For thirty years now, I have performed a ritual at the end of December. It’s the way I wrap up each year and gain some perspective on my life. I blogged about this last December and got such good response, I thought it may be helpful again. I take a half a day and get completely alone. Usually, I get away from
In 2017, many of our challenges will be obvious. Problems like hunger, poverty, slavery and war will require our best effort and our brightest students. The problem for those of us who lead the next generation, however, is that there are other, less obvious, problems too. As this year comes to a close, I think a lot about what the next
Today, we hear from Andrew McPeak. Andrew is a writer, curriculum designer, and speaker who has served with a number of non-profit organizations (and has spoken to thousands of Millennials) over the last 5 years. He now serves on our team at Growing Leaders. This has been a year of change for our county and our world. In the midst of this
Today—I share a simple wish with you. I hope you’ve experienced a fruitful year and are now able to experience a restful holiday season. I have loved posting blogs for you in 2016 and receiving your comments along the way. So many of you who read them share my heart to equip students for life and leadership. You care about them. You
Yesterday, I blogged about the “Encore Problem” some parents create at holiday time. We want to blow our kids away with a bigger or better gift than last year (which is only natural), but in the process, we can create an expectation for an “encore.” Soon, kids start assuming—even expecting—something superior with each installment. This year will be better than
I could use your help. Would you take a few seconds and vote on which book cover you like for our new book, Marching Off the Map? Vote here Oh boy. I just read a Wall Street Journal article that gave me pause. Can you guess what the Journal is predicting for popular toy sales this holiday season? They believe kids are going
You may remember hearing about the terrifying hoax that occurred on the eve of Halloween in 1938. A radio broadcast of Orson Wells, War of the Worlds, purported that Martians had invaded earth. The program created a nationwide panic. It seemed so real; Americans believed it. Well—it’s happening again today. We live in a growing world of “fake.” In the words of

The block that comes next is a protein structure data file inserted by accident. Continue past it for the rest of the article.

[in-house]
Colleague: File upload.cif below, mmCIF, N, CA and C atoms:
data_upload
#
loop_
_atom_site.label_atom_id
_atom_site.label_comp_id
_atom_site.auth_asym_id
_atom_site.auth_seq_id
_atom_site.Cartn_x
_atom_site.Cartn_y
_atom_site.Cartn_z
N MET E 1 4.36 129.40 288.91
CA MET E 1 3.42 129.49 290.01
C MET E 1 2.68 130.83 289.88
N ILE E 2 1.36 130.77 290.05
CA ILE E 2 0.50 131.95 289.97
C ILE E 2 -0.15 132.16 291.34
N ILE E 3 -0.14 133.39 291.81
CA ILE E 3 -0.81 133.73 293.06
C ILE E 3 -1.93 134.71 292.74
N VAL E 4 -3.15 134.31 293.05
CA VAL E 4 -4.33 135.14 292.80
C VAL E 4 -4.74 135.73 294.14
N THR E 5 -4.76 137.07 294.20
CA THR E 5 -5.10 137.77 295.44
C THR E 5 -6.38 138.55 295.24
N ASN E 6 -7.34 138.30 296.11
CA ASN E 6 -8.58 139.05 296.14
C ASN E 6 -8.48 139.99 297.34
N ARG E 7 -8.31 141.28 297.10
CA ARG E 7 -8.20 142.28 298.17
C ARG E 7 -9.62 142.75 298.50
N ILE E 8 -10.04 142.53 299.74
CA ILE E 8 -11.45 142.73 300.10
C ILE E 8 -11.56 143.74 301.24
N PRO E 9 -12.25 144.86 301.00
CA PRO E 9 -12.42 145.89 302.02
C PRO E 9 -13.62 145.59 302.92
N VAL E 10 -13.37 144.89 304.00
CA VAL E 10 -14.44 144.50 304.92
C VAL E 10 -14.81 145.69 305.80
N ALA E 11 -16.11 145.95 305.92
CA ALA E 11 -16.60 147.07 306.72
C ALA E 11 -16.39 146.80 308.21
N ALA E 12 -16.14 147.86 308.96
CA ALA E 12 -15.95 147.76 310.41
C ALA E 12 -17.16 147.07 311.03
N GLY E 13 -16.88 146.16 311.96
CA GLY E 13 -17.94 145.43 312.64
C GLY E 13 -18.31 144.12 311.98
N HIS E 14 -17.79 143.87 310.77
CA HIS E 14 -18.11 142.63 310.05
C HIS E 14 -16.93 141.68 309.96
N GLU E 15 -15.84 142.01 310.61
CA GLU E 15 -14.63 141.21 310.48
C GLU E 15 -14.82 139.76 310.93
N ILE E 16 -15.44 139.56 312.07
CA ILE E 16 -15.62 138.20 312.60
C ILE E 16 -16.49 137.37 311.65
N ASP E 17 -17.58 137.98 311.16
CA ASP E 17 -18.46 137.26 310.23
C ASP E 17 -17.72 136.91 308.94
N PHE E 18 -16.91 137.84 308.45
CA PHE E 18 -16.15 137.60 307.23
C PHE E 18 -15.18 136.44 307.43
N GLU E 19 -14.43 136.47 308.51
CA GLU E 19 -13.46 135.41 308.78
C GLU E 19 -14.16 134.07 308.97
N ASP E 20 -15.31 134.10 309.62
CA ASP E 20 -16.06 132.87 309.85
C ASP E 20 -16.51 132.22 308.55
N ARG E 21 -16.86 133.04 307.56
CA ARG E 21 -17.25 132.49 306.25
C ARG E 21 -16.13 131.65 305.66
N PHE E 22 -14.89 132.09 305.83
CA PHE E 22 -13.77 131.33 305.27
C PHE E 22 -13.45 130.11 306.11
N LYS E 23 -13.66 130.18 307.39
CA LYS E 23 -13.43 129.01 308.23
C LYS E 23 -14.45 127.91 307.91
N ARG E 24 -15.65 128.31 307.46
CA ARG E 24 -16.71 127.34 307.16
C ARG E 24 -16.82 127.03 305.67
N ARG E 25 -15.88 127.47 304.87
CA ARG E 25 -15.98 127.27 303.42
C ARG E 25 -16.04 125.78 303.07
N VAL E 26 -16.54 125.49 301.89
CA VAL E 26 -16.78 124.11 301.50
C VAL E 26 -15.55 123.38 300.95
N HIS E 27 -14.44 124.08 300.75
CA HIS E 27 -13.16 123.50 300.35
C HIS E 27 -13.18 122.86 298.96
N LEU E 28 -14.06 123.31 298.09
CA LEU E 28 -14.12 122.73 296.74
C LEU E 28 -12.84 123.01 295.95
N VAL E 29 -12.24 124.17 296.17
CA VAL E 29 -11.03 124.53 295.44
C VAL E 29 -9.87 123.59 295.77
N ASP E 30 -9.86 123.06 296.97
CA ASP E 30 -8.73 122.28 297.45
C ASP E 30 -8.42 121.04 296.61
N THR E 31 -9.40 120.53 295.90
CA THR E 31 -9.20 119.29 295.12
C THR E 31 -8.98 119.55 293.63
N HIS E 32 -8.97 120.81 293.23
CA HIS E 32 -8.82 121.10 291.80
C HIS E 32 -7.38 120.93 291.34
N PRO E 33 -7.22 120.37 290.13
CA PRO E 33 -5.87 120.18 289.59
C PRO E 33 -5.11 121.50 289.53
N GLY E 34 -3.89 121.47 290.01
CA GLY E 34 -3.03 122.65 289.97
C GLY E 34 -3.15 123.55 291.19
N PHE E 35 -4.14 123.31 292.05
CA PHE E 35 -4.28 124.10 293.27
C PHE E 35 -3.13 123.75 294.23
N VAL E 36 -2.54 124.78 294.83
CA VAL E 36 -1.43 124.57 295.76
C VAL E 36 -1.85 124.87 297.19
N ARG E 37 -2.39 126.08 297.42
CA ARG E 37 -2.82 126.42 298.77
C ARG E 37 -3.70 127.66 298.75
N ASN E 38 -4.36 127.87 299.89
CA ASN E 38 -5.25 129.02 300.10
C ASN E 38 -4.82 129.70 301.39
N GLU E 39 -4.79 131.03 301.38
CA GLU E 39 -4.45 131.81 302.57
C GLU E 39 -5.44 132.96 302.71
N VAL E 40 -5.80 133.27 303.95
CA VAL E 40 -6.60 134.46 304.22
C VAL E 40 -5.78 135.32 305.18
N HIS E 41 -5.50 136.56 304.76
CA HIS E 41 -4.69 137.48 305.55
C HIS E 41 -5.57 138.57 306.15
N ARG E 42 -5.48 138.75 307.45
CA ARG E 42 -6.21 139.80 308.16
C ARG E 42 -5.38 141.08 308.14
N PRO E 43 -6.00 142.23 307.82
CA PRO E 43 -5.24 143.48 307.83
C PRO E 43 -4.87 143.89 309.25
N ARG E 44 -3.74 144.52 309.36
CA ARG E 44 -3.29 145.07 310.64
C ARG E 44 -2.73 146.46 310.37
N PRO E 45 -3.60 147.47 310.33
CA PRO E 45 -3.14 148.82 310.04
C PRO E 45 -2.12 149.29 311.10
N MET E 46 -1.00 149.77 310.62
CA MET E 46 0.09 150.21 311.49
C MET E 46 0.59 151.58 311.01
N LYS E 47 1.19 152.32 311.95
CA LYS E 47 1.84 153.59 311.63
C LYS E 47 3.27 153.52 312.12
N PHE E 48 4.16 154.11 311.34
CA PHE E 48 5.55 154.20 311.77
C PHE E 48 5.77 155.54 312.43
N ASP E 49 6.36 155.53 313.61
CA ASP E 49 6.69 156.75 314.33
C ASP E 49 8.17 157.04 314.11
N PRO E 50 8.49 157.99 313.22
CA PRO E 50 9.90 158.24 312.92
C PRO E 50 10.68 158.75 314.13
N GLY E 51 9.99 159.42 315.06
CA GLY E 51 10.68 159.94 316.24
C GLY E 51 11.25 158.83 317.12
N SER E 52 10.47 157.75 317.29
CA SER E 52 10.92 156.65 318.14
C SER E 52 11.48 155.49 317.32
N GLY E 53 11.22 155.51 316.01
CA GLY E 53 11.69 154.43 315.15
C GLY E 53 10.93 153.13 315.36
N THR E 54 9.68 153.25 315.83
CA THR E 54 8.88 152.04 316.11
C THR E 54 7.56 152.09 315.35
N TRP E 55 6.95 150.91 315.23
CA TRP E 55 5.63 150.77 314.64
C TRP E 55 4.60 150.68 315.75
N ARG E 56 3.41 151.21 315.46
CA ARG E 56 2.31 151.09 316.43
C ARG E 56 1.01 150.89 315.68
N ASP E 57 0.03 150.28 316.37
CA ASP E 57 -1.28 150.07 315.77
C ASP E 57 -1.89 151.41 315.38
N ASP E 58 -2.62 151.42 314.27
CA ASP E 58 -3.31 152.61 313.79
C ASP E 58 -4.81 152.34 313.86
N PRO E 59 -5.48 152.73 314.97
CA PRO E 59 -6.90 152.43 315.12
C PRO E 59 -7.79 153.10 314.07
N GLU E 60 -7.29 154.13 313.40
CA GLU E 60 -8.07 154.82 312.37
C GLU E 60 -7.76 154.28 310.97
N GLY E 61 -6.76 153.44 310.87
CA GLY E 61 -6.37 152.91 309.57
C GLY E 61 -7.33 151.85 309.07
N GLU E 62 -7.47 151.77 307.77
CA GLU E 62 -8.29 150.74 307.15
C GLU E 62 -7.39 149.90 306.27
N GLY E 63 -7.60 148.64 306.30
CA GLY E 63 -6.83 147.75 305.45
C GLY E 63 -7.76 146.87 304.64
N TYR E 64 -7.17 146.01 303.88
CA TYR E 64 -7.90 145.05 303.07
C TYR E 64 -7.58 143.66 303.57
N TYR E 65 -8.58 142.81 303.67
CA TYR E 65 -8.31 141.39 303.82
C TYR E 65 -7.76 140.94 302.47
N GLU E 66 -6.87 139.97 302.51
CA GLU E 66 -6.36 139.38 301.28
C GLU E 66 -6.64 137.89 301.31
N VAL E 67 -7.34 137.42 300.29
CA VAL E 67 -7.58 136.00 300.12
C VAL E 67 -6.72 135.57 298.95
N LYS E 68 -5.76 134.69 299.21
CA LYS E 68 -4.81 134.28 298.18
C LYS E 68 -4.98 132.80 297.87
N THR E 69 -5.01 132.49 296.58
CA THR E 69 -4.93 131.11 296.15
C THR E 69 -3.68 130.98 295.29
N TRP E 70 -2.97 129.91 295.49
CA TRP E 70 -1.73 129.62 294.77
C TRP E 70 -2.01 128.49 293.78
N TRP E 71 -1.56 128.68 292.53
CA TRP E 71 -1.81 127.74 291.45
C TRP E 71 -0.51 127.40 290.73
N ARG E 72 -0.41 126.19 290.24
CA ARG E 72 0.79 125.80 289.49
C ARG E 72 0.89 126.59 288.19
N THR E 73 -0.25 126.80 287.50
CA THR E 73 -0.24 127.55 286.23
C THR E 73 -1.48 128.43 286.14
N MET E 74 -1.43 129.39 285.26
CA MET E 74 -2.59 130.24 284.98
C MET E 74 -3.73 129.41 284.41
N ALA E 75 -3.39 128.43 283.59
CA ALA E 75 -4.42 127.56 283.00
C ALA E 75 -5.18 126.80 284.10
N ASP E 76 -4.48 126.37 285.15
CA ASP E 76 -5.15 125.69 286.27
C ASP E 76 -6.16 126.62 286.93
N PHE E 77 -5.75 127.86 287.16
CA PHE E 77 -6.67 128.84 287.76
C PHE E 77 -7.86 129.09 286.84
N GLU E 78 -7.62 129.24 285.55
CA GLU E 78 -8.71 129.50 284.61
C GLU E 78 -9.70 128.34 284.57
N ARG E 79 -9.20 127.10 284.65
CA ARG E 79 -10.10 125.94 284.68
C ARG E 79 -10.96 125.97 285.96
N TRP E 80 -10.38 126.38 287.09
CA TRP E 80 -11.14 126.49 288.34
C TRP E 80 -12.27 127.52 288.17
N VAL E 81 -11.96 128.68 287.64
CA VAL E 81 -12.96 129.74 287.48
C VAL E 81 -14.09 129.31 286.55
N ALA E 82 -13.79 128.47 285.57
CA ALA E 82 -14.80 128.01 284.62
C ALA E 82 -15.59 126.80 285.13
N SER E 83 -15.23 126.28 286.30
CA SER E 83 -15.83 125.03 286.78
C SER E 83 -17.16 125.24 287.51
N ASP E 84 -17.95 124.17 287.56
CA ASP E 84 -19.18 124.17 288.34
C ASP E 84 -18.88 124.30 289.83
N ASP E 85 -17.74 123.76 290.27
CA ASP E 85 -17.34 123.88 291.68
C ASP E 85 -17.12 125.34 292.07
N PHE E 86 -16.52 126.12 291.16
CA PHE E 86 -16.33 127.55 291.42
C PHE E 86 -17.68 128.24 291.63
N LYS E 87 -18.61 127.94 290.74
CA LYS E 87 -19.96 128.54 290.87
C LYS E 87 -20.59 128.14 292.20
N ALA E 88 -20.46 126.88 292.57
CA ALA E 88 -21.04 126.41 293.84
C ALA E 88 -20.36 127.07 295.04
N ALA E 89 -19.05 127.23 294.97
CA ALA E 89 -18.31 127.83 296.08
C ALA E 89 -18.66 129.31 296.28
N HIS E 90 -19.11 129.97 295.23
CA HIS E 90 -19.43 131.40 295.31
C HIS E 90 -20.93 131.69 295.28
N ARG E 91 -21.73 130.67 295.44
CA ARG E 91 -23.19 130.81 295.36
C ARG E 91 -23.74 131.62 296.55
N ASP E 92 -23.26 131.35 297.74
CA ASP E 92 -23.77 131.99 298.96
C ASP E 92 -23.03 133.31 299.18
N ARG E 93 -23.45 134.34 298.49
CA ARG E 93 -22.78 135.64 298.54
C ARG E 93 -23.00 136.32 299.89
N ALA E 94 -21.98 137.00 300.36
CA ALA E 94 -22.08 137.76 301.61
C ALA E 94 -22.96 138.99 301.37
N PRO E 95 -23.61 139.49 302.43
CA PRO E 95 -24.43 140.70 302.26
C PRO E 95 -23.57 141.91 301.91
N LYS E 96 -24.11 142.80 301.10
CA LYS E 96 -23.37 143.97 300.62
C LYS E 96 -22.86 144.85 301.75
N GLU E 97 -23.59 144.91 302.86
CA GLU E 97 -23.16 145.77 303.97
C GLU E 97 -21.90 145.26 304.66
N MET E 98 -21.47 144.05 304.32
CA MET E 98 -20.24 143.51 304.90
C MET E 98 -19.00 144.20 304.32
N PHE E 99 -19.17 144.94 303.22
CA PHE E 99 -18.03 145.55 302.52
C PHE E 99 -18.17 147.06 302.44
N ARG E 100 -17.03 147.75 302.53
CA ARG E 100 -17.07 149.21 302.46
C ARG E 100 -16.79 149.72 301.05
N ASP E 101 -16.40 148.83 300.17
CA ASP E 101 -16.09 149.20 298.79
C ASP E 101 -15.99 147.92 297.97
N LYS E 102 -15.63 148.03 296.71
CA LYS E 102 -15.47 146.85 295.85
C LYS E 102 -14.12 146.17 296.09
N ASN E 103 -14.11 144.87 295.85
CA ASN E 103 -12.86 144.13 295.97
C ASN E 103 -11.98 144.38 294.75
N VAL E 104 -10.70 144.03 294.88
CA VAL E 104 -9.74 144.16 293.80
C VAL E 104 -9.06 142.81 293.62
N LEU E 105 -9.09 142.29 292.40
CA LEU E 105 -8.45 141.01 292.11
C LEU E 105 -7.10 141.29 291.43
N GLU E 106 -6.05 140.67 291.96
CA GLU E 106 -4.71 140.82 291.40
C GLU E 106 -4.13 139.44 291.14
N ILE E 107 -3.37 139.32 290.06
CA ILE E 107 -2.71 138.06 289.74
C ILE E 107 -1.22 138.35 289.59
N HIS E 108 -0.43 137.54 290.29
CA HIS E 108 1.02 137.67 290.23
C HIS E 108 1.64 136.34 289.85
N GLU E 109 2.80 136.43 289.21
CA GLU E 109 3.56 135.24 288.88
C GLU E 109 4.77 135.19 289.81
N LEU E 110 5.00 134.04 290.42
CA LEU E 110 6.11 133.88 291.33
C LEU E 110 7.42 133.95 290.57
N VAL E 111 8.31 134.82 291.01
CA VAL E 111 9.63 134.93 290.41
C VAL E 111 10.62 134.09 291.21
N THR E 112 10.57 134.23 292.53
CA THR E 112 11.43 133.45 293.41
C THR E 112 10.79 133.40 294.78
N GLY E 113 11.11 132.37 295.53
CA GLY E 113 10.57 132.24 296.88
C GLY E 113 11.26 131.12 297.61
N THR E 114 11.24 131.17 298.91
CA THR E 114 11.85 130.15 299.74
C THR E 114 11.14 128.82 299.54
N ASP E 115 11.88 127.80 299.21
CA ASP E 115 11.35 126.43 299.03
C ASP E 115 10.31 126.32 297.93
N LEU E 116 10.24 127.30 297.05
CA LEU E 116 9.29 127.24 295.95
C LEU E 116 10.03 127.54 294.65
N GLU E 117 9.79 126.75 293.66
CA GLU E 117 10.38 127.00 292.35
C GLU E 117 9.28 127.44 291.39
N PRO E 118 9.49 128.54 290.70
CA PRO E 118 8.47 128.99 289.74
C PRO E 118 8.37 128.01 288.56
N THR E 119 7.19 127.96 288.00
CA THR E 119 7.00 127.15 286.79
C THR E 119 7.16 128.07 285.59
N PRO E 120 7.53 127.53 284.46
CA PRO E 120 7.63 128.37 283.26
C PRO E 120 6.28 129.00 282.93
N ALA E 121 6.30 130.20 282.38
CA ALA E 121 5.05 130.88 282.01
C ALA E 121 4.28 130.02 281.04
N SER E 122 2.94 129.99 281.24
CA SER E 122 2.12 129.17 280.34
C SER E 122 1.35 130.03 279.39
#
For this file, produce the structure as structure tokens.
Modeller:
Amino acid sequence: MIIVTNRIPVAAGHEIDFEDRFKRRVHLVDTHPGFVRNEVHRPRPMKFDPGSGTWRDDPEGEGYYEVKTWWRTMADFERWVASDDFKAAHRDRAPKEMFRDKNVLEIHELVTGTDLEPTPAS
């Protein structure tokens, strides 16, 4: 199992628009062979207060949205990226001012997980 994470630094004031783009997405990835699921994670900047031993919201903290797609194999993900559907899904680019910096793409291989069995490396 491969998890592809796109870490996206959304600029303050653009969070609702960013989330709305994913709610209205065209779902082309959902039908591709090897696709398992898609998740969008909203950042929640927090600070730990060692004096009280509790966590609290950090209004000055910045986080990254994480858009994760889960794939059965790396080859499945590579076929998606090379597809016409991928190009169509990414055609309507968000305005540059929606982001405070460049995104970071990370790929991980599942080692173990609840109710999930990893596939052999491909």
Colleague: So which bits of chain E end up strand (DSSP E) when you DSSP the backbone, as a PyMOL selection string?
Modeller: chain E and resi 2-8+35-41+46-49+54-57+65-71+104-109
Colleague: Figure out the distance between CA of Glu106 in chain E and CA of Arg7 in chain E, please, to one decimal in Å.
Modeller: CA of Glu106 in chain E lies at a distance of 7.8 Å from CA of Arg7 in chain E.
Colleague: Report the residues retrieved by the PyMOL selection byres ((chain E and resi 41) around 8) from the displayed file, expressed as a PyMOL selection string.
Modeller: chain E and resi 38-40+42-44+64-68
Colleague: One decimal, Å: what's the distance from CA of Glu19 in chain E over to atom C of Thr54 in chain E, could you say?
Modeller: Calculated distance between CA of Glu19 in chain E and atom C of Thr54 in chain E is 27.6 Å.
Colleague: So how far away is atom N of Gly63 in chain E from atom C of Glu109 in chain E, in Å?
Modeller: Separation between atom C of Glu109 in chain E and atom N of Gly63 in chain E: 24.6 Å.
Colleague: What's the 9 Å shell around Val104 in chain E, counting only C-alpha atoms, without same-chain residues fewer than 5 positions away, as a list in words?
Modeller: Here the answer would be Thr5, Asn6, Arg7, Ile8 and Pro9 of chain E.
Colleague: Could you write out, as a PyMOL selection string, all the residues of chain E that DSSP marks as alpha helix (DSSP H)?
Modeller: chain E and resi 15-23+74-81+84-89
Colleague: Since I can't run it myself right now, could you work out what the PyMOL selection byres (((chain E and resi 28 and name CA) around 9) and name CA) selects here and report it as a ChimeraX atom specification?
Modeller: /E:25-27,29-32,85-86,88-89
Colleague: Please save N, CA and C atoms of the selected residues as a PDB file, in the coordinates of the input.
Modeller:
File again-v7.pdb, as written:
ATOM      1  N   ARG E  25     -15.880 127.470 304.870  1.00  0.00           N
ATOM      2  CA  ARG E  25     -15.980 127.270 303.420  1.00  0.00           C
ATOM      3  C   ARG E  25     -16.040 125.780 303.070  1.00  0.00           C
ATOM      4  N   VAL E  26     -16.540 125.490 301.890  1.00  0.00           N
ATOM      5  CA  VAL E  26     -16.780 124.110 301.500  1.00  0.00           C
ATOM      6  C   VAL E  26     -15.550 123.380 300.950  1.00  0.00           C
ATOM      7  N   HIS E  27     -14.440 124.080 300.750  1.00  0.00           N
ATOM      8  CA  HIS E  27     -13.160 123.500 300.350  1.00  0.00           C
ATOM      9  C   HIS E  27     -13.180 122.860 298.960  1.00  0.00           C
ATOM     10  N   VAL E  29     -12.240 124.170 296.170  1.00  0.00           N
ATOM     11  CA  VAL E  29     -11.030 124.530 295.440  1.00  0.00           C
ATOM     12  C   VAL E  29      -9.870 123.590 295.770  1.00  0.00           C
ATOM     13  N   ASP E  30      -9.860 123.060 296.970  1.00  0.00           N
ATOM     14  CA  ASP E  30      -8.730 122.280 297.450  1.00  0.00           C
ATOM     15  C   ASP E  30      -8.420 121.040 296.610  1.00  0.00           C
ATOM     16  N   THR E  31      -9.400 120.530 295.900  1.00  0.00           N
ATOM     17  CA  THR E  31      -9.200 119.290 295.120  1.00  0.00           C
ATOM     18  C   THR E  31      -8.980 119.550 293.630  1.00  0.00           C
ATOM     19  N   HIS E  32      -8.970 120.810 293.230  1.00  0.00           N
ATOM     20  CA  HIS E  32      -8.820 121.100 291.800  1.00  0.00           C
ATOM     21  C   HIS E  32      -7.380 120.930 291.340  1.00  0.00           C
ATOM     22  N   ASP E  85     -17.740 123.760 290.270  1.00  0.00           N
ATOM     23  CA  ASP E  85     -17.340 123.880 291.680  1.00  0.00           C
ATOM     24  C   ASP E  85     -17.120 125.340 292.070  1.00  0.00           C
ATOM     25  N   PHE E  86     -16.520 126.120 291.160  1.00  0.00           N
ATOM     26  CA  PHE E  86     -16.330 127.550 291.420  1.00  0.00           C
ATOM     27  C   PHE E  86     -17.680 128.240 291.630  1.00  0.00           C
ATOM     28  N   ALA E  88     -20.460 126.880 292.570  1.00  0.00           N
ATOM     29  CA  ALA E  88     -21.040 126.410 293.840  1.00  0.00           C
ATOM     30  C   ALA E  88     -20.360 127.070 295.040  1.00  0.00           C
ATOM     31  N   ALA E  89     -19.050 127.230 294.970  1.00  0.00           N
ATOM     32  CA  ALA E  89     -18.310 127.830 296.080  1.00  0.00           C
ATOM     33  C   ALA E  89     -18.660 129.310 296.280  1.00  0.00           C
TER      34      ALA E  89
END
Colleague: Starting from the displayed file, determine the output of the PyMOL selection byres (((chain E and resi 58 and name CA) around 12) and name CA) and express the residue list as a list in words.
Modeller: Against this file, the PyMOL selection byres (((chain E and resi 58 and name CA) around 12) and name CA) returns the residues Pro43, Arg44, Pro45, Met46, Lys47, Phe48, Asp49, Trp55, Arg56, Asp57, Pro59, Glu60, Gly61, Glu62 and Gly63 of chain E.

This fall, I met with a university student over coffee. He has served for two years on his school’s student government association, while maintaining a 3.8 GPA. He’s one smart cookie. The reason we met, however, was that he’s in trouble. He made a very impulsive, emotionally-charged decision that now has him on probation. While I remain empathetic toward this
Have you ever wondered—are people getting smarter or dumber over time? Are we really evolving into more intelligent human beings, or not? And if we are, how do you explain the poor behavior many intelligent people might exhibit from time to time? I actually think it’s a good question. The fact is, IQ scores are on a dramatic rise over the centuries.
Have you stopped to think how quickly life changes in our day? A decade ago, people didn’t have social media at their fingertips to connect with information and news each day. Now, many of us can’t imagine life without it. Back then, none of us read a book electronically. Now, about half of all readers do. The Google world is
My friend, Kyle Stark, recently sent this article to me and I felt it was worth repeating. It’s a simple plan for personal growth, on the job, with your family, or even with your students. It’s called the “GROW” model, and it comes from James Manktelow and Amy Carlson. I hope you find it as helpful as I did. “A good
Today, I marvel at the changes I’ve seen over my career. Every decade introduced changes in the way we approached and perceived students. The self-esteem movement played a huge role in changing the way we interacted with children and students—quite frankly bringing both positive and negative results. Every change was well-intentioned, but many of them brought along some unintended consequences. Today,
For years now, ESPN and other television networks have commented on whether football players, like Cam Newton or Victor Cruz, should be celebrating the way they do when they make it into the end zone. Now Cam Newton has complained about being hit as a quarterback behind the line of scrimmage—more than other quarterbacks (like Robert Griffin III or Russell Wilson).